AN essential part of modern living or a creepy waste of time? KELLY BUCKLEY and LOUISE MACKENZIE look at the ups and downs of Facebook.

Facing up to an addiction, by Kelly Buckley

“FACEBOOK is like crack”, a friend once said to me after forcing herself to close her account and go cold turkey, because her addiction meant she couldn’t get any of her college work done.

I have to agree. But it’s a legal kinda crack, so that’s OK.

I am a fairly recent junkie, having just started properly getting involved in the activity I like to call stalkbooking, earlier this year. I opened the account many moons ago, but hardly looked at it. I thought it was weird, creepy even, that everyone was telling each other their every move.

But then...

After missing a few parties, and feeling the wrath of the hosts who said they’d invited me via Facebook, I decided I ought to get more involved, see what it was all about.

I opened the virtual door, and left my soul outside. I was hooked.

It started harmlessly enough. My first status update was written. I pressed the “share” button nervously. What if nobody took any notice and I looked like a total Billy No Mates saddo? Would anyone really care what was “on my mind’?

Within seconds friends started replying, the japes flying thick and fast. Phew! This was fun. A whole heap of your mates out there up for the craic at the tip of your fingertips. FacePARTYYYY! Whoop whoop!

And there is the lure. As a party girl, someone who loves nothing better than to be part of a crowd, a cyber social event is just too much fun to resist.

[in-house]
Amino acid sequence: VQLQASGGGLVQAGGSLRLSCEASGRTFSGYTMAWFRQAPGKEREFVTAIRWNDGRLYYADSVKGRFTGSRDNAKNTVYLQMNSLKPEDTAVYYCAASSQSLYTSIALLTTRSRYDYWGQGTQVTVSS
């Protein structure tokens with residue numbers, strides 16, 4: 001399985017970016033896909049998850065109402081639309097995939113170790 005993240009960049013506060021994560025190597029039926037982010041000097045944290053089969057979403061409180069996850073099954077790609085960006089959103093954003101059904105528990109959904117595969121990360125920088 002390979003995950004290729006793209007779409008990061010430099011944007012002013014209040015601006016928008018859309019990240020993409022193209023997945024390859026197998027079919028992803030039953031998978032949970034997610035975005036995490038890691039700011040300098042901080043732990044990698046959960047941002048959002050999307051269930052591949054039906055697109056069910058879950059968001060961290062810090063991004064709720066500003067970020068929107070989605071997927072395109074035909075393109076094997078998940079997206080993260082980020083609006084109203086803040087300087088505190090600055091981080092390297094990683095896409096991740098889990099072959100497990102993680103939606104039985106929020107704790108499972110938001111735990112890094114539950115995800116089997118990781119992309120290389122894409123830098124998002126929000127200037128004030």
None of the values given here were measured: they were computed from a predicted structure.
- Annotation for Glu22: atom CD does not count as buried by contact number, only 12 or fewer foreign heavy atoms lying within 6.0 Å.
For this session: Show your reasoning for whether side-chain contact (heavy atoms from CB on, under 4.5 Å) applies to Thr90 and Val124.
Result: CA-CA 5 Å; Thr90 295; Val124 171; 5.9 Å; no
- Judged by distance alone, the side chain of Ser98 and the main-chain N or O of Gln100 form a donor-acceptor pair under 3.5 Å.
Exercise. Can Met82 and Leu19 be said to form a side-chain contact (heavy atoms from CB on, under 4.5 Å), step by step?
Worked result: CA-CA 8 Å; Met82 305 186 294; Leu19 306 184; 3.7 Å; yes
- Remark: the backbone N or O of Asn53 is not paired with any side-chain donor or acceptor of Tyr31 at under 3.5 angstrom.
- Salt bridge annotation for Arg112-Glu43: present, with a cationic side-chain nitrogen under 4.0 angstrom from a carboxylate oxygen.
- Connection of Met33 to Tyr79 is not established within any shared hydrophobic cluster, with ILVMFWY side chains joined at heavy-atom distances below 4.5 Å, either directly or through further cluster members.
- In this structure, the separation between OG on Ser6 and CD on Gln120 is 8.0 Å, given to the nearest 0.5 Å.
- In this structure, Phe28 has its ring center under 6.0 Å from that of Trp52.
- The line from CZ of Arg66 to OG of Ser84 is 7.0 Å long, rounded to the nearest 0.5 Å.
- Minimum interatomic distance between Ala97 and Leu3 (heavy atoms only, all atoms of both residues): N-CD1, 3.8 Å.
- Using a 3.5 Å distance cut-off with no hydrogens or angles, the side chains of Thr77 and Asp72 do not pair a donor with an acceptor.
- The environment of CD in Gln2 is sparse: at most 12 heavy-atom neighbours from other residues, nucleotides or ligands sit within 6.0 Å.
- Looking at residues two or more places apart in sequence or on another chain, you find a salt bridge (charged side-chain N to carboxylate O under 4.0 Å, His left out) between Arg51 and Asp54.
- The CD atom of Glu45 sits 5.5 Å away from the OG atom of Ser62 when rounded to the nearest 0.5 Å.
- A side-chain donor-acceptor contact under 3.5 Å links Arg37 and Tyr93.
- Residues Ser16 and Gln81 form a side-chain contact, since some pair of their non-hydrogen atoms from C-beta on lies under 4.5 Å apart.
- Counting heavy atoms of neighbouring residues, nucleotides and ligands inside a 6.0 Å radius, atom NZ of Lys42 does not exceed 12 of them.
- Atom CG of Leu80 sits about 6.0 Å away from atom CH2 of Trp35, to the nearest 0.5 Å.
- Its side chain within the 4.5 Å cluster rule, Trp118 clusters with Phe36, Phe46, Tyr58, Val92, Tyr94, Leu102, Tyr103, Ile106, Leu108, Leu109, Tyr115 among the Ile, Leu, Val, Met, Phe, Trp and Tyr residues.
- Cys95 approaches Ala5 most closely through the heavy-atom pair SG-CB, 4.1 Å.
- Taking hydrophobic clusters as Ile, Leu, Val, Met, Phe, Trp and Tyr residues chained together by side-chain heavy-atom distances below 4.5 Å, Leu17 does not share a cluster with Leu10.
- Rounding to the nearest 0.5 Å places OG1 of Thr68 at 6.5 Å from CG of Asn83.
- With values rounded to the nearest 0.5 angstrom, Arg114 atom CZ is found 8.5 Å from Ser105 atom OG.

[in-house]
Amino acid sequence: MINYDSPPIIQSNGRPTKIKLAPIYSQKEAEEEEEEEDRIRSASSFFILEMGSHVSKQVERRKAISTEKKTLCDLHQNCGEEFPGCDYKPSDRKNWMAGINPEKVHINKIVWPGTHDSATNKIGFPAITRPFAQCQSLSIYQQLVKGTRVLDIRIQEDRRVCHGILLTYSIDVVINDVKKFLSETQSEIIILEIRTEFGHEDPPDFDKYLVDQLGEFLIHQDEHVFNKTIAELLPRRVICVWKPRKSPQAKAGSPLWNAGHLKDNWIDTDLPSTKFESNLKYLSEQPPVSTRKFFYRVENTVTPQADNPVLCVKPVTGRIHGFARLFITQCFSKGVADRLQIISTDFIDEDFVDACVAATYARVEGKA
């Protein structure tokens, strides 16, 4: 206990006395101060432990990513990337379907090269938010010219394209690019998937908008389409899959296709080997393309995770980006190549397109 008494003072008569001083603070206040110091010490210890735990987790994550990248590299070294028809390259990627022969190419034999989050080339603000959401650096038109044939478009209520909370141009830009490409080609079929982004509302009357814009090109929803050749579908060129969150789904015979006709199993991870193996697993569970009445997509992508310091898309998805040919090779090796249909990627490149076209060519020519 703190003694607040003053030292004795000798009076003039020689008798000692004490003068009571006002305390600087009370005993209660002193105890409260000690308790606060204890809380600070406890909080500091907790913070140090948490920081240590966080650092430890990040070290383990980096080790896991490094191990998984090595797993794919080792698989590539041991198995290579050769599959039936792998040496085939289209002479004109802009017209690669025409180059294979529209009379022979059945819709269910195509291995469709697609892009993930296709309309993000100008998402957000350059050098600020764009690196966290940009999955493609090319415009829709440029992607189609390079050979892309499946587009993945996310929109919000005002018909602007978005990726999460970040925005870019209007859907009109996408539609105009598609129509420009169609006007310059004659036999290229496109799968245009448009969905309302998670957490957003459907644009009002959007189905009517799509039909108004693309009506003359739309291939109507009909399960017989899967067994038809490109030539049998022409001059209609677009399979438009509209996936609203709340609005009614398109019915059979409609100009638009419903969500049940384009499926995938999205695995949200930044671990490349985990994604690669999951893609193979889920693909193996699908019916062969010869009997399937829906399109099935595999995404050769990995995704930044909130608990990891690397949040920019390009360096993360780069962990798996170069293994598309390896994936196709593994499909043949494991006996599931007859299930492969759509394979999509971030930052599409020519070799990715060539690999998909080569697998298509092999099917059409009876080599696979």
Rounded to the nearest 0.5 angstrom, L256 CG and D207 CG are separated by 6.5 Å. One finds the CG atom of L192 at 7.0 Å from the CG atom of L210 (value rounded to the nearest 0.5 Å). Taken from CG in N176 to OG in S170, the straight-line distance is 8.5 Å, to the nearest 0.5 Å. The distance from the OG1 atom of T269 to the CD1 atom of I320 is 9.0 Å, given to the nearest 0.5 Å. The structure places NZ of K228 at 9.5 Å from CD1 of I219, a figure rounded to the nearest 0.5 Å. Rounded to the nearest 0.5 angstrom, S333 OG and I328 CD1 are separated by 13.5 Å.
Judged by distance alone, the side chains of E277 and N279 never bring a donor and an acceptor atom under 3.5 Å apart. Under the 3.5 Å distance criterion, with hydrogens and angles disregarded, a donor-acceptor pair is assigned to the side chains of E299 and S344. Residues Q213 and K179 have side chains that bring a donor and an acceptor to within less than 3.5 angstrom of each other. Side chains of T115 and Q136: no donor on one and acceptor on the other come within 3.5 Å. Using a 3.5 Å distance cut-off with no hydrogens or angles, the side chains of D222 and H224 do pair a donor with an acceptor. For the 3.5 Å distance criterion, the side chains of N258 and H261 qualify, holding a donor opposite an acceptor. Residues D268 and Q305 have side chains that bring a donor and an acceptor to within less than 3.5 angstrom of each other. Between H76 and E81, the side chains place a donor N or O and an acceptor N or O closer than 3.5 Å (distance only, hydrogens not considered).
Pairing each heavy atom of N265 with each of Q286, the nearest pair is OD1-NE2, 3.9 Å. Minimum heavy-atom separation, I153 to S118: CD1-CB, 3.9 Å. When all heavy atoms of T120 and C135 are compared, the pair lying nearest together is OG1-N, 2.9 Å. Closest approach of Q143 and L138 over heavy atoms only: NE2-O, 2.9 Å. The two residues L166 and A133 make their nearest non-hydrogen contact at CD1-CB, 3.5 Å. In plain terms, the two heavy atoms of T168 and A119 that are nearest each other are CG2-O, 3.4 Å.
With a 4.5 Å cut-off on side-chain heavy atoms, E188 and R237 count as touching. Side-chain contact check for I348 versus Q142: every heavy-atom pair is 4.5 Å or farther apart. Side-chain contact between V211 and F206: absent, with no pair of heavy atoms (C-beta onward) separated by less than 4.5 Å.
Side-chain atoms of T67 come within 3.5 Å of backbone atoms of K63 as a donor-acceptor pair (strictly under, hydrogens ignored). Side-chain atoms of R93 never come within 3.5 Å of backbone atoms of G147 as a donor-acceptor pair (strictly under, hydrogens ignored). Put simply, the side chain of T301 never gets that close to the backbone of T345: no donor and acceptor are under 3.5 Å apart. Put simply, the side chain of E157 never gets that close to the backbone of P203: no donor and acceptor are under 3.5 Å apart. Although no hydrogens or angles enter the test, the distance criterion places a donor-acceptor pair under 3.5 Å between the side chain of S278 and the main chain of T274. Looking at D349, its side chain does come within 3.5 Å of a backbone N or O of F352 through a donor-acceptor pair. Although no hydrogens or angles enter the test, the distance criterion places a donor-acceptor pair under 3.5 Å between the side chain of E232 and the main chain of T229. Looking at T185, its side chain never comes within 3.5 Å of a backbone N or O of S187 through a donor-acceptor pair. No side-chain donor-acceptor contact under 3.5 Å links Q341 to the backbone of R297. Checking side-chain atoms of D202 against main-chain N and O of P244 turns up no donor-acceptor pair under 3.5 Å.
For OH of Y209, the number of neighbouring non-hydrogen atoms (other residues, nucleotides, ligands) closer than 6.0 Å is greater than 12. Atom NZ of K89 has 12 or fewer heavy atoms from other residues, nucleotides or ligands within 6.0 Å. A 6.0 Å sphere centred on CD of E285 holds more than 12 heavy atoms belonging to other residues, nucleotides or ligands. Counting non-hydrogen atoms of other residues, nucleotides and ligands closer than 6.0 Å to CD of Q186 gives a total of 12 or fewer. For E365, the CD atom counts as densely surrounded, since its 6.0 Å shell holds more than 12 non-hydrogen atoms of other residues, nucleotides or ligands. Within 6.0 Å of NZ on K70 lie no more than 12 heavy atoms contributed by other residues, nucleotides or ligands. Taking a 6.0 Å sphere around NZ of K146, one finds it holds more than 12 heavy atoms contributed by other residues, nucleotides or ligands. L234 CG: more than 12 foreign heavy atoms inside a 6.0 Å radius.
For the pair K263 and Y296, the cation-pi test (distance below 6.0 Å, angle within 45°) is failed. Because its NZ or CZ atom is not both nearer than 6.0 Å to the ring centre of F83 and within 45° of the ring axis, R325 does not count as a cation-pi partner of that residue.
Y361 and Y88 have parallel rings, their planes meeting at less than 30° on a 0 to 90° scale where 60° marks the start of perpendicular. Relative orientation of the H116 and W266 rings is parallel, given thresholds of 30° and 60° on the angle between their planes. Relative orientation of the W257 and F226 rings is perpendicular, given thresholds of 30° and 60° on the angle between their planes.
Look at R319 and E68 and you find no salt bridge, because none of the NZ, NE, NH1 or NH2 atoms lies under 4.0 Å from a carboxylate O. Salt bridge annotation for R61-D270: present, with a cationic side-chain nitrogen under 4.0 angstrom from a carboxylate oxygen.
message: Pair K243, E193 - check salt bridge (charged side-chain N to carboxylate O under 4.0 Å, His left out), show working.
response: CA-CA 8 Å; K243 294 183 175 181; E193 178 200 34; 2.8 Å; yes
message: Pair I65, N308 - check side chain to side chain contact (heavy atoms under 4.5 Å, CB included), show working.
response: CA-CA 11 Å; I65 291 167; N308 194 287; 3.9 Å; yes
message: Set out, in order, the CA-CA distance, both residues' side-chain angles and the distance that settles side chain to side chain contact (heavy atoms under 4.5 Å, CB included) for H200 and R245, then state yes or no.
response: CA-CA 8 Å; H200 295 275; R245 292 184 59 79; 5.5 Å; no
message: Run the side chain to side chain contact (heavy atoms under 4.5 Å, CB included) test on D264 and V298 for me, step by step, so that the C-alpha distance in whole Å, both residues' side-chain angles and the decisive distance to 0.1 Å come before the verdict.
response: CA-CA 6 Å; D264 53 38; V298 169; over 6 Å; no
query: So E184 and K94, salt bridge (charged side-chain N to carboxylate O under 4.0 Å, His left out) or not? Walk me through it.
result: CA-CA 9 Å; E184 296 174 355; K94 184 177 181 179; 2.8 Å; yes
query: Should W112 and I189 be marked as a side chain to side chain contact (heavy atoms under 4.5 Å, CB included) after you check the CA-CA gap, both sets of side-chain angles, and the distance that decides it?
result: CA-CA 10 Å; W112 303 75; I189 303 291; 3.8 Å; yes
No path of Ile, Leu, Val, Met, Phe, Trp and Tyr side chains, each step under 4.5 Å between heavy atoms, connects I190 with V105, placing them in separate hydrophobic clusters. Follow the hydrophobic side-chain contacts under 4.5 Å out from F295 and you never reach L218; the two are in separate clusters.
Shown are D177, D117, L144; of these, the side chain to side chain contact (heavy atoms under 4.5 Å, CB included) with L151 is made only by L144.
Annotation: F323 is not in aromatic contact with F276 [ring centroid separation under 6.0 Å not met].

Photographic evidence of last night’s soiree being posted up, with everyone commenting on the embarrassing, but funny hazy memories. It prolongs the blast, cements friendships further, enforces the comradeship of your crew. And the invites – fantastic! You can see who is going where and when, invite more of your mates to come, brilliant... whether real-time parties have become an extension of Faceparty or the other way around, who cares?

Bored of keeping up appearances, by Louise Mackenzie

TURNING off the computer after an hour on Facebook feels a bit like eating a massive takeaway, enjoyable at the time, but afterwards it leaves you feeling decidedly guilty and a little bit queasy.

Why did I just look through a friend-of-a-friend’s holiday snaps? Why do I actually feel upset to discover a distant friend I haven’t seen for ages has culled me from their friend list?

As any dedicated Facebook follower will know, it can all be a minefield of emotions – especially if you log on drunk/depressed/recently dumped.

It hasn’t always been like this. You see, me and Facebook have a bit of history and like some relationships it has gone decidedly downhill.

I first started using Facebook at university. I was amazed at how easy it was to stay in contact with buddies at home and away.

The honeymoon period was a frenzy of uploading photos, “poking” friends, funny status updates and catching up with old schoolmates.

I would always keep an eye on what photos appeared on my page and deleted any that were too embarrassing. This suddenly became a lot harder when friends started using their phones to take photos and upload them – giving me no chance to vet out the bad ones.

I started to worry about what was on my profile page and began to feel the need to check it regularly to make sure no unsightly photos had slipped through the net.

Presenting a polished version of yourself – minus the drunken photos on Saturday night – can feel like a full-time job and a bit of a hassle.

The turning point came when I decided to keep big events, like getting engaged, or buying our first house, to myself.

Once I decided that I didn’t want to put the good or bad news on my page. There wasn’t really any point carrying on so I deactivated the account.

Admittedly, sometimes I can’t resist a quick peek, but like any break up, I can honestly say I’ve moved on.